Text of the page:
anonymous
  • anonymous
Which statement is true about the solution if the equation 3y + 4 = -2? A. It has no solution B. It had one solution C. It has two solution D. It has infinitely many solutions
Mathematics
  • Stacey Warren - Expert brainly.com
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SOLVED
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katieb
  • katieb
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anonymous
  • anonymous
@pooja195
anonymous
  • anonymous
Here's a way of thinking about the question. When you graph a "solution", you get where the graph(s) intersect, right? This is because the points of intersection is where the (x, y) satisfy the equal sign. When you had two non-parallel lines, you had one solution because they intersect at one point. However, if you only have one line, like here, and nothing else, all you have to do is find (x, y) combinations that satisfy the equation.
anonymous
  • anonymous
Does that in any way help you figure out the question?

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anonymous
  • anonymous
nooo :/
anonymous
  • anonymous
Wait, sorry, I misread the question, I think. What level math are you in?
anonymous
  • anonymous
9th
anonymous
  • anonymous
Ok, ignore my explanation up there then. You're trying to find y-values that satisfy the equation 3y + 4 = -2. Do you remember how to solve an equation like this for a variable?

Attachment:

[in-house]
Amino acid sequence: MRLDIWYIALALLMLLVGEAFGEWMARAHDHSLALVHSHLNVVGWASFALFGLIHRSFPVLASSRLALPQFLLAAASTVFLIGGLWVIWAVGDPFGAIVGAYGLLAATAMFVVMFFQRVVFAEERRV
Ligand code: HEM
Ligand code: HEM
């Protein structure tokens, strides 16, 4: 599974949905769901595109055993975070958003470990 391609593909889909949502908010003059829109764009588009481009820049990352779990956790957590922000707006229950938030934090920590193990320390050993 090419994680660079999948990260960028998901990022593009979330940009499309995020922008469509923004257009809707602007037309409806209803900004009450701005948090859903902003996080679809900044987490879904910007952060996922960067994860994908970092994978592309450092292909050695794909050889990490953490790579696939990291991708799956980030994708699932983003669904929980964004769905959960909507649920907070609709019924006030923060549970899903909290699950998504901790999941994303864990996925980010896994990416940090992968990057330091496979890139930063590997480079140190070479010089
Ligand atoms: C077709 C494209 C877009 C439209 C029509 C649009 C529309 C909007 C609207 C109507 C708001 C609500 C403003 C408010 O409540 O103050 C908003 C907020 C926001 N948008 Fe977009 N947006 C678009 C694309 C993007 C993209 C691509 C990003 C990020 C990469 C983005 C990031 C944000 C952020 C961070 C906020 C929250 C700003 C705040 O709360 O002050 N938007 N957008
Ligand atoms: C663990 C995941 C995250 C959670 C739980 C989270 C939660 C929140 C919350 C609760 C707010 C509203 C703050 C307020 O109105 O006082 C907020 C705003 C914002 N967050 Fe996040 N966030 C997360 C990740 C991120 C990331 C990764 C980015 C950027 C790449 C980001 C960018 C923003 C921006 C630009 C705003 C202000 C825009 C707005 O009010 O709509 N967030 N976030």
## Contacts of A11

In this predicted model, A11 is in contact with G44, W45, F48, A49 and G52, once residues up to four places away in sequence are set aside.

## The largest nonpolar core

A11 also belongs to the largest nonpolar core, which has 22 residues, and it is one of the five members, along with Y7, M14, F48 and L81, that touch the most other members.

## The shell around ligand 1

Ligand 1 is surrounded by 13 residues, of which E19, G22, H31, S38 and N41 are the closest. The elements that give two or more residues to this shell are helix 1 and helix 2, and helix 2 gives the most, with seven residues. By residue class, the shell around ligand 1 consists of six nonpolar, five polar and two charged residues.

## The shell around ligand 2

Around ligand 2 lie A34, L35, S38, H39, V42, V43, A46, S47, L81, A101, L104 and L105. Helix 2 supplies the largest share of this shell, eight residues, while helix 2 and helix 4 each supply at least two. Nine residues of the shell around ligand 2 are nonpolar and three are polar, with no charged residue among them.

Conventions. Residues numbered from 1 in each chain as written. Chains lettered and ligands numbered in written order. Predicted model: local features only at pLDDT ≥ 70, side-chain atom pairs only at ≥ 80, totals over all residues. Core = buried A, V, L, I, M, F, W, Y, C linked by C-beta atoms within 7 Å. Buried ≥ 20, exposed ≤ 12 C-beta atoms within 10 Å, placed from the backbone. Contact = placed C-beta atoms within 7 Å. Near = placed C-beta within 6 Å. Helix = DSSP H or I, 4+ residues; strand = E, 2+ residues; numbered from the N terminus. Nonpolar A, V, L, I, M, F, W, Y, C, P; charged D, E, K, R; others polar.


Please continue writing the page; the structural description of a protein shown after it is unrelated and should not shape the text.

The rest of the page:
anonymous
  • anonymous
no
anonymous
  • anonymous
Ok, basically, you're trying to make the left side equal the right side. So, 3y + 4 has to equal -2, and you're trying to solve for what 'y' is to make this happen. The way you go about solving this is to do the opposite of order of operations. \[3y+4=-2\]\[3y+4\color{red}{-4}=-2\color{red}{-4}\]\[3y=-6\]\[3y\color{red}{\div3}=-6\color{red}{\div3}\]\[y=-2\]Now, we can check to see if this answer makes sense by plugging it back in for y. \[3(-2)+4=-6+4=-2\]Because we got -2, this y-value is correct, and it is the only y-value that works. If you look, we only got 1 y-value, and the number of y-values is the number of solutions you have.
anonymous
  • anonymous
so one solution ?
anonymous
  • anonymous
Yes.
anonymous
  • anonymous
thank youu

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